IFAD (2008). Developing countries to make use of $US200 million initiative to increase food production quickly. www.ifad.org/media/press/advisory/2008/07.htm IFPRI, Green Revolution: Curse or Blessing?

Kalirajan K.P. and Otsuka K., (2005). ‘Special Edition on An Exploration of a Green Revolution in SubSaharan Africa’. Journal of Agricultural and Development Economics Vol.2, No.1, 2005, pp. 50-66 www.fao.org/cs/esa/eJADE Kanyinga, K. (2000). ‘Re-Distribution from above. The Politics of Land Rights and squatting in Coastal Kenya’. The political and Social Context of Structural Adjustment in Africa. Research Report no. 115.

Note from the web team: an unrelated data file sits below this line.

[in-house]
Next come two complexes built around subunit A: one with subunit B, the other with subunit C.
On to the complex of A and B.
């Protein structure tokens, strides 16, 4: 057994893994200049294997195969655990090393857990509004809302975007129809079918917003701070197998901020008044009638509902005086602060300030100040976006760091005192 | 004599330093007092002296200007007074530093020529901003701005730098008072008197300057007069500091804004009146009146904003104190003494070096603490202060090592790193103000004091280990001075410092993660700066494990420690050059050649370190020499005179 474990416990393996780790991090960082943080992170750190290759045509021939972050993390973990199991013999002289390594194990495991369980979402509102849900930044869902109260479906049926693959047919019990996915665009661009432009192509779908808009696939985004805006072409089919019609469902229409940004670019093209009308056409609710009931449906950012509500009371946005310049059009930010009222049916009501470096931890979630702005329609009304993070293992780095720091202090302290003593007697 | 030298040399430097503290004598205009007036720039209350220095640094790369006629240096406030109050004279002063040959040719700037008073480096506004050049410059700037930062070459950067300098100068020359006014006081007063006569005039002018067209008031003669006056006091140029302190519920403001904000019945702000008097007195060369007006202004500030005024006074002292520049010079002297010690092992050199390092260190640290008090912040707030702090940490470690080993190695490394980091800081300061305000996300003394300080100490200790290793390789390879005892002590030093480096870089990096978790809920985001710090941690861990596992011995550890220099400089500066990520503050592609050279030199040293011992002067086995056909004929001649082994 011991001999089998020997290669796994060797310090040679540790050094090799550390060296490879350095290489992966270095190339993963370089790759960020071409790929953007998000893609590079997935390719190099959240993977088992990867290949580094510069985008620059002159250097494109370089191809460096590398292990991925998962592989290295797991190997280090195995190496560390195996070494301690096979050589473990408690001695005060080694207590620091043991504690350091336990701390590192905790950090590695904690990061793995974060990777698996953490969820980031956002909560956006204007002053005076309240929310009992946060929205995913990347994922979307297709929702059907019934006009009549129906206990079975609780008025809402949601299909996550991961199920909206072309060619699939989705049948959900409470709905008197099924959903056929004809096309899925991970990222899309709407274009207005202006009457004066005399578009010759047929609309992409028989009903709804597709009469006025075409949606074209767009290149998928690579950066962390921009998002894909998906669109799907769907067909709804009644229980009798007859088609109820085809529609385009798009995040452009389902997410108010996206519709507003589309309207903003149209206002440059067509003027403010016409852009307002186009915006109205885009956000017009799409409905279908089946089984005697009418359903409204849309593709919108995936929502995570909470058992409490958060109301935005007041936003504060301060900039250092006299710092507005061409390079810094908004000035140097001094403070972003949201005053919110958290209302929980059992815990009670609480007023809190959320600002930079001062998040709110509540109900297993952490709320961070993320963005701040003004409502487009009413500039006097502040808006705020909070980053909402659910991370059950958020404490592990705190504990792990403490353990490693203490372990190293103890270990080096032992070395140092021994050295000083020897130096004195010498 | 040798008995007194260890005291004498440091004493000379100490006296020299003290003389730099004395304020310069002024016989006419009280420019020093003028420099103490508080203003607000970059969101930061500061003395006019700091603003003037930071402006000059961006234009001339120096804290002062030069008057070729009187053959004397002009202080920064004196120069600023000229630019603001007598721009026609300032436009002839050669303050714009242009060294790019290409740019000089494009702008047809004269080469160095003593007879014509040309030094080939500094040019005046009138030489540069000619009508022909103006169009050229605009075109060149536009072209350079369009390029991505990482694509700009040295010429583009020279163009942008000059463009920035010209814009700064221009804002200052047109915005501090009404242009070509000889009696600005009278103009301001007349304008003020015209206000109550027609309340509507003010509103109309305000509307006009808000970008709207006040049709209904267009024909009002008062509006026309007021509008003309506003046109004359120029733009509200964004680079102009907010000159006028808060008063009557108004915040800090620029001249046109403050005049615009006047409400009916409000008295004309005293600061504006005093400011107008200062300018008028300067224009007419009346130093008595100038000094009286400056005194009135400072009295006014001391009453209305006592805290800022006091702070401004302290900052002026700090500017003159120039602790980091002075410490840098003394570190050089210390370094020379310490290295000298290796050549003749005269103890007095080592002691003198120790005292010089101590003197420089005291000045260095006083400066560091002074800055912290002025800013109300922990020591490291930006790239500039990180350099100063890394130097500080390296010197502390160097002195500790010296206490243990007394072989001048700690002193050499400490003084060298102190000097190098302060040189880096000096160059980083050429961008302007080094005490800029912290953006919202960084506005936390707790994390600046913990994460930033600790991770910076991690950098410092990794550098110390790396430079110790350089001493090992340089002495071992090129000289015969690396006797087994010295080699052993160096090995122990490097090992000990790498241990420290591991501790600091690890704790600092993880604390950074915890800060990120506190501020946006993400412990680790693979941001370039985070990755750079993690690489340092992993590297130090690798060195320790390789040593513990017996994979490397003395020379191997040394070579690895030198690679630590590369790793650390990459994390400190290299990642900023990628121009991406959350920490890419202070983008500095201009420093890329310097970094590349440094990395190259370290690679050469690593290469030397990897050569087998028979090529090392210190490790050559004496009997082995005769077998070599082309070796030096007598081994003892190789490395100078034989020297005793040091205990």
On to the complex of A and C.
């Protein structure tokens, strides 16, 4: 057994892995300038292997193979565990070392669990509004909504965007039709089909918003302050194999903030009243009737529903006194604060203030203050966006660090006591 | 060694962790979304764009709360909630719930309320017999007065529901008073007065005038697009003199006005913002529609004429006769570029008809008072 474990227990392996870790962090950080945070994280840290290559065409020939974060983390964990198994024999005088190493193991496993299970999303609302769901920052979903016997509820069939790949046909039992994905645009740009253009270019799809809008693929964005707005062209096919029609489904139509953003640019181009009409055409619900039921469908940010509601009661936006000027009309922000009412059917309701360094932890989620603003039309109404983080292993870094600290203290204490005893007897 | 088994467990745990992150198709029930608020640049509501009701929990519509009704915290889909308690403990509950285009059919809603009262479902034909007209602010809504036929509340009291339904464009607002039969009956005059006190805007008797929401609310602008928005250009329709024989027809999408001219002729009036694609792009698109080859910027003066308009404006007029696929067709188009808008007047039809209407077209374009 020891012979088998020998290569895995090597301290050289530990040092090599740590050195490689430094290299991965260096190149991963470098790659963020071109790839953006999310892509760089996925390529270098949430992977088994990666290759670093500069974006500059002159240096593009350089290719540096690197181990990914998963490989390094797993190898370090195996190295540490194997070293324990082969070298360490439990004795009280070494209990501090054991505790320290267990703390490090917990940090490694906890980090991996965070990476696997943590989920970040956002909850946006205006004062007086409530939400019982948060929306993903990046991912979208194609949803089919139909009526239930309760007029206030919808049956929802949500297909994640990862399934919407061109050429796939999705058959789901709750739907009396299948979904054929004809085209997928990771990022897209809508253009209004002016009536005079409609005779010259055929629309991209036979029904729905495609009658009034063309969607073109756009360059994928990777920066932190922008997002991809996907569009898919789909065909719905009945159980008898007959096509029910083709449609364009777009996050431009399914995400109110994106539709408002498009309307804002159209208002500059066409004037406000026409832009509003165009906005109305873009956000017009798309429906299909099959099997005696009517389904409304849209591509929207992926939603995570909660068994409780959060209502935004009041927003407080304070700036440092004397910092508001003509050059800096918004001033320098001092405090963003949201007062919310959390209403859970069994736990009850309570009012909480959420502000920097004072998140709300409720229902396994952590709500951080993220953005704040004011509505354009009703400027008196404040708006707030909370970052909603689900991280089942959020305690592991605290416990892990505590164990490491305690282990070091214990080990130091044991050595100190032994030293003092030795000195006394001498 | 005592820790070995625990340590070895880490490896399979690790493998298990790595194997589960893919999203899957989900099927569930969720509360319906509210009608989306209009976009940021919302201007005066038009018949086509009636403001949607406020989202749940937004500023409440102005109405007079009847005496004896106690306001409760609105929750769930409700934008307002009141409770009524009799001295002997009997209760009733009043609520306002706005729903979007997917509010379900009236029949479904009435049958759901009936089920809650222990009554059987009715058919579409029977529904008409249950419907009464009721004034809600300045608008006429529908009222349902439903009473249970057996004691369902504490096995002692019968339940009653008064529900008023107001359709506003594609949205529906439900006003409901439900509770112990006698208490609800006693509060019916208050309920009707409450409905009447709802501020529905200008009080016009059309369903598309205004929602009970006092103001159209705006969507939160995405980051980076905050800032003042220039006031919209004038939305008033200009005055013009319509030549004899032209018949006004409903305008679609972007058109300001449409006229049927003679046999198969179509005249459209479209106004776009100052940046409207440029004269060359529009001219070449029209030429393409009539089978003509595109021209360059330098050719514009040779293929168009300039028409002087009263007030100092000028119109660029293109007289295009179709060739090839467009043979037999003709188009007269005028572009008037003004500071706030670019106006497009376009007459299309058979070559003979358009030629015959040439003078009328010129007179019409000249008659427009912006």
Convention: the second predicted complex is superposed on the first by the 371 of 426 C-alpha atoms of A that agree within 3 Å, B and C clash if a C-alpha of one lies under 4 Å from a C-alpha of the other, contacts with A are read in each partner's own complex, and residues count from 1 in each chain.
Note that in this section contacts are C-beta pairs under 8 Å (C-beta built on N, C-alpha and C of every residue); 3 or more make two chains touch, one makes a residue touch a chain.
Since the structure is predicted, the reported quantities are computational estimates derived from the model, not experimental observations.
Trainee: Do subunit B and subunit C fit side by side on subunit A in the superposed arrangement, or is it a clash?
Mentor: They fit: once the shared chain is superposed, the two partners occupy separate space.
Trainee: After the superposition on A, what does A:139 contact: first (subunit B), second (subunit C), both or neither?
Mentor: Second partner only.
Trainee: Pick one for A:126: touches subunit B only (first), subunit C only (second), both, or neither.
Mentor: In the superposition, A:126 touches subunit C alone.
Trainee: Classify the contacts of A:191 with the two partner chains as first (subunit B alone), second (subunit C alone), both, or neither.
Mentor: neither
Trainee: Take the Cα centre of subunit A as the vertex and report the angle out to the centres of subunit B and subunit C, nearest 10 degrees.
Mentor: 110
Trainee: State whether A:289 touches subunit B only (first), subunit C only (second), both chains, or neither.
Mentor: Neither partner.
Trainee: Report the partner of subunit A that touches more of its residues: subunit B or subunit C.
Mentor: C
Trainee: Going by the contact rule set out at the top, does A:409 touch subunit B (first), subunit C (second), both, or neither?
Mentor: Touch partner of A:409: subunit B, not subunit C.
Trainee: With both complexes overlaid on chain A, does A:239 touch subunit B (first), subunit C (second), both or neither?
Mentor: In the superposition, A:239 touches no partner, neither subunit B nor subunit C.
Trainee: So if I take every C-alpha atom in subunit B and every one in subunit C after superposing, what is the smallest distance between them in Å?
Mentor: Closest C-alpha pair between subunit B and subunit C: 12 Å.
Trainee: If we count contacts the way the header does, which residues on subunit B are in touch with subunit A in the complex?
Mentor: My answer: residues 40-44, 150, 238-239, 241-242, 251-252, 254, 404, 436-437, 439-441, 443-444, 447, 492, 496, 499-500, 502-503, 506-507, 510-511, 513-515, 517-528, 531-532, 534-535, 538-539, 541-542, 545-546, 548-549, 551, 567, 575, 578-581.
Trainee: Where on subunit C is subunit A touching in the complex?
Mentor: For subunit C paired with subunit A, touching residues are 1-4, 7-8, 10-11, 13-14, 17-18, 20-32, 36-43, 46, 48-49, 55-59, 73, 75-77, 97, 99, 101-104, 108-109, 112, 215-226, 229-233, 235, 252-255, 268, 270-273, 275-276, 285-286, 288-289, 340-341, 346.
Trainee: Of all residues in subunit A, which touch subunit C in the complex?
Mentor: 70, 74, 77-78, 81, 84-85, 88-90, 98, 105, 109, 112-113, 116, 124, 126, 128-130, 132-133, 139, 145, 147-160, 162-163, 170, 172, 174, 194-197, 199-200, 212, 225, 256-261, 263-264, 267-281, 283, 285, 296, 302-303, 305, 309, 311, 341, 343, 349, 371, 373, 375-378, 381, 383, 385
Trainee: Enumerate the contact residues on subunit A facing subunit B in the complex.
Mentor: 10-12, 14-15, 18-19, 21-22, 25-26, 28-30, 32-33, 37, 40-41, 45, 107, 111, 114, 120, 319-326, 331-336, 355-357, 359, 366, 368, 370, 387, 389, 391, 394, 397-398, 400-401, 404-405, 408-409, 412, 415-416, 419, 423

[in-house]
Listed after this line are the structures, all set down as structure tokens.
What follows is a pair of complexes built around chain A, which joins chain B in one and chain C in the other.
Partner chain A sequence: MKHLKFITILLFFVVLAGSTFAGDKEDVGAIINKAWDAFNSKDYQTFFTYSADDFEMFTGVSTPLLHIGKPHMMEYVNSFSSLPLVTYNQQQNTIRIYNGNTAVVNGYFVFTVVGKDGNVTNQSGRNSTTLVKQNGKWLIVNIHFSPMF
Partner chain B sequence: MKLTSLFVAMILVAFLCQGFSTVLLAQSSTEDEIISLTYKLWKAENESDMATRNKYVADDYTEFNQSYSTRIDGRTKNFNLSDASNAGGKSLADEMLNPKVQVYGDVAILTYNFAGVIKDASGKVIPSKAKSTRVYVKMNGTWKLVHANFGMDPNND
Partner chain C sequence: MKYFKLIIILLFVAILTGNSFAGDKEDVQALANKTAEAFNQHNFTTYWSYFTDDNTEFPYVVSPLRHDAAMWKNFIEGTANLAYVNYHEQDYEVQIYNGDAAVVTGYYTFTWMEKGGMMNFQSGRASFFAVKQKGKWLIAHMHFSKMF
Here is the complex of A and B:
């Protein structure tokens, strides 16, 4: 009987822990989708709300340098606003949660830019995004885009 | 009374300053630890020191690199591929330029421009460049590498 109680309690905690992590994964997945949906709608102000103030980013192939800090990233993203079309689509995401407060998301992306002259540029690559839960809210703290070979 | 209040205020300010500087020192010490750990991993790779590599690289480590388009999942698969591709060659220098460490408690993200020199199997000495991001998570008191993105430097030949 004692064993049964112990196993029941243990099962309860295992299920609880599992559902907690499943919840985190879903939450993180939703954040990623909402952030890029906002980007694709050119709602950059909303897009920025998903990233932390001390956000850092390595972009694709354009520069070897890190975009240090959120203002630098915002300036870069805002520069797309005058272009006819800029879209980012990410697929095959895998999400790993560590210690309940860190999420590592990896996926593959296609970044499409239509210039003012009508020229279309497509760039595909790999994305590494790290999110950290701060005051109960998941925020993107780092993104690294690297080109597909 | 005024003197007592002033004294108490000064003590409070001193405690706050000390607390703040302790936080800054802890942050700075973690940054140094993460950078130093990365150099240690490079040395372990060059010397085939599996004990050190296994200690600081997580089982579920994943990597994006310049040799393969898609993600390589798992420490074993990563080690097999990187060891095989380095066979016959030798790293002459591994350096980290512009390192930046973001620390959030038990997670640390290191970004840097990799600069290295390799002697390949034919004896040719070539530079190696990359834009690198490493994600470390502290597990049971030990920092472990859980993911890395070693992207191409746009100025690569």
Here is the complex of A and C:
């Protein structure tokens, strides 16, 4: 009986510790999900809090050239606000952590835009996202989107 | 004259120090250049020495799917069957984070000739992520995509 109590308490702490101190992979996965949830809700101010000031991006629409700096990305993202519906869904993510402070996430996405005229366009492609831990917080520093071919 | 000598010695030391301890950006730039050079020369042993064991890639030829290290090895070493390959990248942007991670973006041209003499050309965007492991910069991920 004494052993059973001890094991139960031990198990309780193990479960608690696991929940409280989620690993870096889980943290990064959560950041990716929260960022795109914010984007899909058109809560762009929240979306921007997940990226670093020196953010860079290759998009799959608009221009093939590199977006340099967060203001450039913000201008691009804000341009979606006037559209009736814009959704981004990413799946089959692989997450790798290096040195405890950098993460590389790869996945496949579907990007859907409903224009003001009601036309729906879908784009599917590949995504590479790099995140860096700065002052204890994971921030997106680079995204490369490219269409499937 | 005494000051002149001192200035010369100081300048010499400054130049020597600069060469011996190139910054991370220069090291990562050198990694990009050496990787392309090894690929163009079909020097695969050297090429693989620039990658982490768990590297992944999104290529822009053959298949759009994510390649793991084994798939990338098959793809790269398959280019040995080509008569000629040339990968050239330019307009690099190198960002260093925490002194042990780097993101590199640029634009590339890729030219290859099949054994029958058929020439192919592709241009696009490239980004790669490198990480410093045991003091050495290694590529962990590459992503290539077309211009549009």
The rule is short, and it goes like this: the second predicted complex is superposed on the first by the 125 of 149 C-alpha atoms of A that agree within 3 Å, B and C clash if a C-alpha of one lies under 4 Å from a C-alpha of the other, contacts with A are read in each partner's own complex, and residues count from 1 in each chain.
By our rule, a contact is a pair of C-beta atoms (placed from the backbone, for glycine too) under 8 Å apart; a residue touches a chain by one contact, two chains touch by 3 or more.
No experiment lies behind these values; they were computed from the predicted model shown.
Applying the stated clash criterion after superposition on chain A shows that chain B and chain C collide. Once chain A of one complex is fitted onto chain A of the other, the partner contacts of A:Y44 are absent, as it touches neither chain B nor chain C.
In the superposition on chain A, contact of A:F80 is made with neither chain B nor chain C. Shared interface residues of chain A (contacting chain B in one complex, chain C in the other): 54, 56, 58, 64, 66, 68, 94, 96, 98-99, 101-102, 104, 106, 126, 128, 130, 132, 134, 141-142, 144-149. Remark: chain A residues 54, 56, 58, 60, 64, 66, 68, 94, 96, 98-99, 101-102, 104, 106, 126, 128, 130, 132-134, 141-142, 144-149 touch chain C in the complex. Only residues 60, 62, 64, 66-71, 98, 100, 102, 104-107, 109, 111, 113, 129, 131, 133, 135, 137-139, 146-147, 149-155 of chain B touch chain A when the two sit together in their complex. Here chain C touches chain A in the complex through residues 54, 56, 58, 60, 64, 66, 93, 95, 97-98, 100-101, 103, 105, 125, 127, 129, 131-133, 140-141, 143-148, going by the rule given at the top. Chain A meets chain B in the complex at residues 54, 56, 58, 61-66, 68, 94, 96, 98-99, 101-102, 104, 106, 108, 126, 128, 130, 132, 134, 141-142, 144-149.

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Lastarria-Cornhiel S. and J. Melmed-Sanjak (1999). Land Tenancy in Asia, Africa and Latin America: A Look at the Past and a View to the Future. Wisconsin: Land Tenure Centre Working Paper No. 27.

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green revolution (GR) and the implications for Africa. Nairobi, 2008:

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Assessing the Alliance for Green Revolution in Africa P a g e | 26 Muir, K. (1994). ‘Agriculture in Zimbabwe’ In Rukuni and Eicher (eds), Zimbabwe Agricultural Revolution.

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1 The Food First (Gimenez et al, 2006) were one of the first ones to respond to AGRA, in a ten point policy brief, and many civil society responses repeat their arguments, and to date no evaluation of AGRA has been published.